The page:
COVID-19's Impact on Education

Report: Students Struggled During Spring Closures

A national survey of students in grades 5-12 found that when it came to the spring school closures, the kids aren't necessarily all right. Large numbers were able to navigate the mechanics of accessing and turning in their schoolwork (87 percent and 79 percent, respectively). Nearly six in 10 (57 percent) said they spent more time than usual on activities they enjoyed. And half reported that they were able to focus on their learning.

But remote learning didn't always result in a lot of learning. Challenges were especially high for low-income and Latinx students, who cited lack of ready access to the internet and computing devices more than other groups of students. Also, female students and those who identify in a way other than male or female reported struggling more with mental health and well-being (57 percent and 70 percent, in order) more than male students (38 percent).

The survey was run by YouthTruth, a national nonprofit that uses feedback from students, families and staff to help educators understand how to accelerate improvements in teaching and learning. The organization ran the survey between May 11 and June 19, 2020. A total of 20,438 students in nine states and 166 schools responded.

More than half of students (51 percent) said their teachers gave them assignments that really helped them learn; 39 percent said they learned "almost every day." Yet, two-thirds (64 percent) reported having to deal with distractions at home and half overall said they felt depressed, stressed or anxious.

Obstacles to online learning. Source: "Students Weigh In: Learning & Well-being During COVID-19" from YouthTruth

Obstacles to online learning. Source: "Students Weigh In: Learning & Well-being During COVID-19" from YouthTruth

The older the student, the less likely they were to report that they could motivate themselves to do schoolwork. While 57 percent of grade 5 students said they were motivated, just 26 percent of grade 12 students said the same.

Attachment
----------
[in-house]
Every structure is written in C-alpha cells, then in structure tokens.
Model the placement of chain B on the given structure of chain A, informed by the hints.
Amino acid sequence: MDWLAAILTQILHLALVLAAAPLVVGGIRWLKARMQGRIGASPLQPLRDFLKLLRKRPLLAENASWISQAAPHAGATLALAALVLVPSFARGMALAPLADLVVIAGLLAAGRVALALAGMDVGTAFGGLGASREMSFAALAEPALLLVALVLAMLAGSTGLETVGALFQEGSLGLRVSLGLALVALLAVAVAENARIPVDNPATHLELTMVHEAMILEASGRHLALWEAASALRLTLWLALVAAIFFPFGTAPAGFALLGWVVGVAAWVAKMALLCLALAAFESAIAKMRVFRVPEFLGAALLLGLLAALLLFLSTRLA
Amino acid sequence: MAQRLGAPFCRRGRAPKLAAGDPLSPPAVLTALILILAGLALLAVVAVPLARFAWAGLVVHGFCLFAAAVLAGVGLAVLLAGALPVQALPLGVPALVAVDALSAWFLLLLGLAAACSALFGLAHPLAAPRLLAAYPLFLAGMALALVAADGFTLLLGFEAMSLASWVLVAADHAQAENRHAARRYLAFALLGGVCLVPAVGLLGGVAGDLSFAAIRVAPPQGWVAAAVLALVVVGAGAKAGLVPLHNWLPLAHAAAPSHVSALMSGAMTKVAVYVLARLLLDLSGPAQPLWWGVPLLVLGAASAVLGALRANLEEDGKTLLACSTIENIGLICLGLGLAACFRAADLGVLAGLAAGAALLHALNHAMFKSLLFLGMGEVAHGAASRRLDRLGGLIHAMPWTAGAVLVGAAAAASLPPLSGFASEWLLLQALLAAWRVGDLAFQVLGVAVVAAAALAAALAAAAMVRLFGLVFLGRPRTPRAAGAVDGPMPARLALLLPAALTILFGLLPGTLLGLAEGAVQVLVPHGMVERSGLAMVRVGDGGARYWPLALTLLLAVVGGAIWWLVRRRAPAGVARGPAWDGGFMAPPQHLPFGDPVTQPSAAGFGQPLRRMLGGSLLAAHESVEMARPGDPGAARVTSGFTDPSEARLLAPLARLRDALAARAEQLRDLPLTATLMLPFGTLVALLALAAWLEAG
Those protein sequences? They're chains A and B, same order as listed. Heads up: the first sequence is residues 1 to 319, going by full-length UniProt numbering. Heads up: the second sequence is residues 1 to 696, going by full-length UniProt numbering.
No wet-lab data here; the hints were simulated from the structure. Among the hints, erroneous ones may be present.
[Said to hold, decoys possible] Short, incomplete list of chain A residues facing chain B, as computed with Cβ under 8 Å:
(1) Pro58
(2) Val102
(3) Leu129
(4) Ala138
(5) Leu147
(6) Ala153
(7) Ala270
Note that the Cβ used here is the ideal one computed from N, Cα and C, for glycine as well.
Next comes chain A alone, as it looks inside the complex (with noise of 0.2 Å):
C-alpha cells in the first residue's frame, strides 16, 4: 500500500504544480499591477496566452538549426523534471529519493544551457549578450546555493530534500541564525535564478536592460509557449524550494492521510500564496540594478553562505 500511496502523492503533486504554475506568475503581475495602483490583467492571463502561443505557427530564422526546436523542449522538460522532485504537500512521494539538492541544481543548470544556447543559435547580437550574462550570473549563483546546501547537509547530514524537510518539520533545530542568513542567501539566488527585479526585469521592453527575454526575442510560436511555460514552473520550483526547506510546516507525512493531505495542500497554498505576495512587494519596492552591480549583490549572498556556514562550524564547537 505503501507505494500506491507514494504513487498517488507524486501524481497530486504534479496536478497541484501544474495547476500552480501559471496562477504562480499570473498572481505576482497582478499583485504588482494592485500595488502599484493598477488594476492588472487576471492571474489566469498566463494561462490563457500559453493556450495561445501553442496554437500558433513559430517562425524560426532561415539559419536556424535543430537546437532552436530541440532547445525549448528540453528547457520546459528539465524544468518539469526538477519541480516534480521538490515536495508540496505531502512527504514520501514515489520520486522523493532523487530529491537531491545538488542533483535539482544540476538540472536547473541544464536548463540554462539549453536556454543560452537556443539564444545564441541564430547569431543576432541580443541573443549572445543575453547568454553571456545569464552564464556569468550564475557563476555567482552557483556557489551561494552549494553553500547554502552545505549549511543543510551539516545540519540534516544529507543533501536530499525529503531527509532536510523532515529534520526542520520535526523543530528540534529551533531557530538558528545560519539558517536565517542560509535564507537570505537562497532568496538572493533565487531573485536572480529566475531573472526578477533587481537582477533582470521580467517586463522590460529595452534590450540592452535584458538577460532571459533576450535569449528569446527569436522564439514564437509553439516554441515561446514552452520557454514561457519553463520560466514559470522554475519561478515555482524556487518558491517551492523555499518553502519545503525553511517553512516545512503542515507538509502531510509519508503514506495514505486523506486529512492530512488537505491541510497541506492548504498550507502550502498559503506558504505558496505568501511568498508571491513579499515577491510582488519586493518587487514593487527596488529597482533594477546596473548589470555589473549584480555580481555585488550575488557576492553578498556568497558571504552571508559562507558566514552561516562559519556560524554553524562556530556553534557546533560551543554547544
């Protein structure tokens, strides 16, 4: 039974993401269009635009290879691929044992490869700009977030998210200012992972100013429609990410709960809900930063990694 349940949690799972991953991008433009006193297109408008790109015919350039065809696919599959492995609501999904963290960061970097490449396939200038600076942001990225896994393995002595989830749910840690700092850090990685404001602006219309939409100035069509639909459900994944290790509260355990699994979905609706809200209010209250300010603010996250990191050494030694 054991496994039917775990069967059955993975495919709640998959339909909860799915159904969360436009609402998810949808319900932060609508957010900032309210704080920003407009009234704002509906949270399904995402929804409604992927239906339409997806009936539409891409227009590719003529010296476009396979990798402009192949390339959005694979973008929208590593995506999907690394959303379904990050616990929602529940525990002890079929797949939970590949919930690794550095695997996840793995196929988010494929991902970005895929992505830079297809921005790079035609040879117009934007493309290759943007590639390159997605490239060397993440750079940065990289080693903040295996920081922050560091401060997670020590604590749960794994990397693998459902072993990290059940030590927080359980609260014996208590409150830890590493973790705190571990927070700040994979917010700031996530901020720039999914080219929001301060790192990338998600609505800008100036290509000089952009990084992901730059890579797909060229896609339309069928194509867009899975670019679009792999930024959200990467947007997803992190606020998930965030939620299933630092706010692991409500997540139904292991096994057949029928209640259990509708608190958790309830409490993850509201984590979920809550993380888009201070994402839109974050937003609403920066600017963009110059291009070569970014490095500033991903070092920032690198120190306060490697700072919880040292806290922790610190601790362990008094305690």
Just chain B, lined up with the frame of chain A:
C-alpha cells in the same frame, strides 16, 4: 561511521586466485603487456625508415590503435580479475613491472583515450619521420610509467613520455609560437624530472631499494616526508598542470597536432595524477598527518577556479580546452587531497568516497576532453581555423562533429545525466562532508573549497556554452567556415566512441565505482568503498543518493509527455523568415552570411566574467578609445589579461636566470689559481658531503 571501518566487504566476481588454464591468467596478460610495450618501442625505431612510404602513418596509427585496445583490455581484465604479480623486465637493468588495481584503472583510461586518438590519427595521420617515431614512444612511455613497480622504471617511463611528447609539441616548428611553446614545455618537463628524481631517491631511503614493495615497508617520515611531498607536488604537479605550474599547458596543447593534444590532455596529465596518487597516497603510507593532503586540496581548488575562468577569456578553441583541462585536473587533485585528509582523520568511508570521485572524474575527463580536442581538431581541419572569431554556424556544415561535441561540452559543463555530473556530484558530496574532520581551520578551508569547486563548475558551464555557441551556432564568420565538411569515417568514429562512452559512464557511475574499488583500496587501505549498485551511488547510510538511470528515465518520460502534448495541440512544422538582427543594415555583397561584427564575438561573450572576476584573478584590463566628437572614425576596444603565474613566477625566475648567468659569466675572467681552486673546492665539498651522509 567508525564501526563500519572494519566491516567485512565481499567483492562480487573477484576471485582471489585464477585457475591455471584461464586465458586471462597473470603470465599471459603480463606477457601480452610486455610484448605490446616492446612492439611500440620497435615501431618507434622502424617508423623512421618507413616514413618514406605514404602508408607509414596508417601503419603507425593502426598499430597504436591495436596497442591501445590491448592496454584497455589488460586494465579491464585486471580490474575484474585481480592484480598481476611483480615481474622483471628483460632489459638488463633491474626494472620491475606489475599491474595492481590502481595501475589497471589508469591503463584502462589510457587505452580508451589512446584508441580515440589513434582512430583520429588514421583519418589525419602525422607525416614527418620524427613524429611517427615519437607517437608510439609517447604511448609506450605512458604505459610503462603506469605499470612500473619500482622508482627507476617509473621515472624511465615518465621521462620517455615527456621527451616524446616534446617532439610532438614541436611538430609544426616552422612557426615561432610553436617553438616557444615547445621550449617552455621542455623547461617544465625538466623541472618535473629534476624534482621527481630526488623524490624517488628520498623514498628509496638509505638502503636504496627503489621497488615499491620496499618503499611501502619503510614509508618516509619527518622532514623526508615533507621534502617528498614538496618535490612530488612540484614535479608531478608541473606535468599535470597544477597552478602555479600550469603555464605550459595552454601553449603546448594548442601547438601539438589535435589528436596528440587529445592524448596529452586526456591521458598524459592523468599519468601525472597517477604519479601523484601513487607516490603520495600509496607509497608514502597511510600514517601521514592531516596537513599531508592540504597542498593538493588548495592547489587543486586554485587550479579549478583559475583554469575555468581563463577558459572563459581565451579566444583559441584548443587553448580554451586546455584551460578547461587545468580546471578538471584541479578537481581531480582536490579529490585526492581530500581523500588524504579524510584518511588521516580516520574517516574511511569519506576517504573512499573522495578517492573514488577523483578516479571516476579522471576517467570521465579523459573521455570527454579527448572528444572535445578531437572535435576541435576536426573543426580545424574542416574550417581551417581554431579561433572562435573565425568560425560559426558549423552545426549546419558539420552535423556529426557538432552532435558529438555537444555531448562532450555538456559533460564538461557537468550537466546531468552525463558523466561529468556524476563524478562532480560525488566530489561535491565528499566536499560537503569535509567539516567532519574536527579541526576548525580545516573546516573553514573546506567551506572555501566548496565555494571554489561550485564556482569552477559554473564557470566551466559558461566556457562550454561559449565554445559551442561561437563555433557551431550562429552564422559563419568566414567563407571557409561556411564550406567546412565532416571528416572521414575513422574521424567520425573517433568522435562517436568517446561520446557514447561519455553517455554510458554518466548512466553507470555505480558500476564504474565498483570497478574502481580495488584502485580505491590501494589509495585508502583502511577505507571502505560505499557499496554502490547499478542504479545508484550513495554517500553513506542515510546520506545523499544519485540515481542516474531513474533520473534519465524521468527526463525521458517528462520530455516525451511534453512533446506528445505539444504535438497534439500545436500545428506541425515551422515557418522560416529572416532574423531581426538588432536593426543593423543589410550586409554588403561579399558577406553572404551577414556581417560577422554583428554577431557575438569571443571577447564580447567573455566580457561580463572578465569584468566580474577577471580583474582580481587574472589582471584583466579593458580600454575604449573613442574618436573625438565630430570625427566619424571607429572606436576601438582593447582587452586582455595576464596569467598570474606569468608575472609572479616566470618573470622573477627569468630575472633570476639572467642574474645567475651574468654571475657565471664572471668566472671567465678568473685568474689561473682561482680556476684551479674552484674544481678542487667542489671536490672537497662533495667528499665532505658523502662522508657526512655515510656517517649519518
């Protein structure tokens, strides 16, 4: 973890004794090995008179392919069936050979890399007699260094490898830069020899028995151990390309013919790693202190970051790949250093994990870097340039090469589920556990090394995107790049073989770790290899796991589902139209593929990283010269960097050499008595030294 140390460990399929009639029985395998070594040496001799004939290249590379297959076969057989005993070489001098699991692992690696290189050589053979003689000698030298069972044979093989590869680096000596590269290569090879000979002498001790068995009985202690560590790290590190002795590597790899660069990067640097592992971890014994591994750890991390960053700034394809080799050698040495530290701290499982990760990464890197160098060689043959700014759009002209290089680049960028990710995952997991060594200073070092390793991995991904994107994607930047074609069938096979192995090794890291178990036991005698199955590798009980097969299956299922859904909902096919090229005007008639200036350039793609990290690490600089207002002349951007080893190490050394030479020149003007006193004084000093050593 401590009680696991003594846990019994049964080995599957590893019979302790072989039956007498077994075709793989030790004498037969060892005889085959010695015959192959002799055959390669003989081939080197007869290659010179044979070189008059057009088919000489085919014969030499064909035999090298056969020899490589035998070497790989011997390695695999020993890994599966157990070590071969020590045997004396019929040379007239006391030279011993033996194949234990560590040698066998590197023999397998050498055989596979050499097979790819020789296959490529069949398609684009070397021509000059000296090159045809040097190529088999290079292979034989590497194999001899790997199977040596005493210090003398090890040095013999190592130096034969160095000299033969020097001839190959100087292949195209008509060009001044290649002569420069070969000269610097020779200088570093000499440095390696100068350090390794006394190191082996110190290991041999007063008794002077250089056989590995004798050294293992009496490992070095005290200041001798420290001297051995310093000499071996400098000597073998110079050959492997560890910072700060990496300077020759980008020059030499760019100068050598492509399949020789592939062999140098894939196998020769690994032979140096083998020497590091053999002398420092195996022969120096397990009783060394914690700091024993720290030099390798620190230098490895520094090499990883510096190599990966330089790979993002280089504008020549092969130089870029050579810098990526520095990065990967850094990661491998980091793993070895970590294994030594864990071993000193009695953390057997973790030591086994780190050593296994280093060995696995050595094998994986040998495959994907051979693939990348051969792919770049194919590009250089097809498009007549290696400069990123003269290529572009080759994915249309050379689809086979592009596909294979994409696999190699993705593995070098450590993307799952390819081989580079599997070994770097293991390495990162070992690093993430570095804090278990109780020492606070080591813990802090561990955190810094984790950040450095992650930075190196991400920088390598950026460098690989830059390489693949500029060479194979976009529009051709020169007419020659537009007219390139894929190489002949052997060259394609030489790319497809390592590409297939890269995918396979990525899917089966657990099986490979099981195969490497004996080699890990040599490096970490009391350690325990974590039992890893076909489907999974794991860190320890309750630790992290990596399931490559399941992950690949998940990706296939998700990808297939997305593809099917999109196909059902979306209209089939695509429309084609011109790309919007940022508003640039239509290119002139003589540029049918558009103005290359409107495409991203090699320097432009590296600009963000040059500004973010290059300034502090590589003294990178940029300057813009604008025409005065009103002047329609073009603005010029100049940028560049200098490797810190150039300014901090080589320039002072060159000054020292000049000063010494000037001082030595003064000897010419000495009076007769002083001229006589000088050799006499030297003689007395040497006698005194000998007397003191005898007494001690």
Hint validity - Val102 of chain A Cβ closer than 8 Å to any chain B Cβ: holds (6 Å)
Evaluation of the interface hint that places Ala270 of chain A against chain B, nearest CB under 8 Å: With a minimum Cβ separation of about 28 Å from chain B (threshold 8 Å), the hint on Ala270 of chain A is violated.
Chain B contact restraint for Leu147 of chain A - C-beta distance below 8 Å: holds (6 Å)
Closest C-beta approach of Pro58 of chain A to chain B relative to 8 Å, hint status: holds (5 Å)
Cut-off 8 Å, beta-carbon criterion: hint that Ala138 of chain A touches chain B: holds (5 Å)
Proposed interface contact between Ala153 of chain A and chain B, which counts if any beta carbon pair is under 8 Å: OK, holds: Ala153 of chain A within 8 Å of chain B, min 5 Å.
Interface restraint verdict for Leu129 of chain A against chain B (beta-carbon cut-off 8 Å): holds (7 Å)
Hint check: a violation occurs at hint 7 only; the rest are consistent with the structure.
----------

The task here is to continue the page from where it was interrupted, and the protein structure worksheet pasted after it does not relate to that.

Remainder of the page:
Motivation by grade level. Source: "Students Weigh In: Learning & Well-being During COVID-19" from YouthTruth

Motivation by grade level. Source: "Students Weigh In: Learning & Well-being During COVID-19" from YouthTruth

Connections to teachers provided to be a "bright spot" for students. Six in 10 (61 percent) said their teachers were available to give them extra help if they needed it. And 54 percent said they had an adult from school whom they could talk to when they were feeling upset or stressed or were having a problem.

At the same time, less than a third (30 percent) said they felt like they were part of their school's community. As one middle schooler told the researchers, "I don't get to see/interact with most of my friends, I don't get to see/interact with my teachers. Sometimes I feel alone because my parents go to work and my brother is just really annoying. I don't feel a part of my school at all."

Commitment to healthy activities suffered too. Just a third said they spend time outside (38 percent) at the same rate as they did during their "usual" lives; 34 percent said they were eating regular meals; 33 percent said they were getting enough physical activity; and 45 percent said they were getting enough sleep.

Among the seniors who were surveyed, one in five (19 percent) said their postsecondary plans had changed.

"There is a critical opportunity now to listen to and learn from students' lived experiences during this unprecedented time," said YouthTruth Executive Director, Jen Wilka, in a statement. "As we navigate the challenges ahead and adapt to new learning models, student voice and equity must be central to the way school is reimagined."

YouthTruth has released its findings through a publicly-available interactive report that can be explored in numerous ways. The organization has also released a summary of findings on its website and will host a webinar to discuss the results on Tuesday, Aug. 11, 2020 at 12:30 p.m. Eastern time.

About the Author

Dian Schaffhauser is a senior contributing editor for 1105 Media's education publications THE Journal, Campus Technology and Spaces4Learning. She can be reached at [email protected] or on Twitter @schaffhauser.

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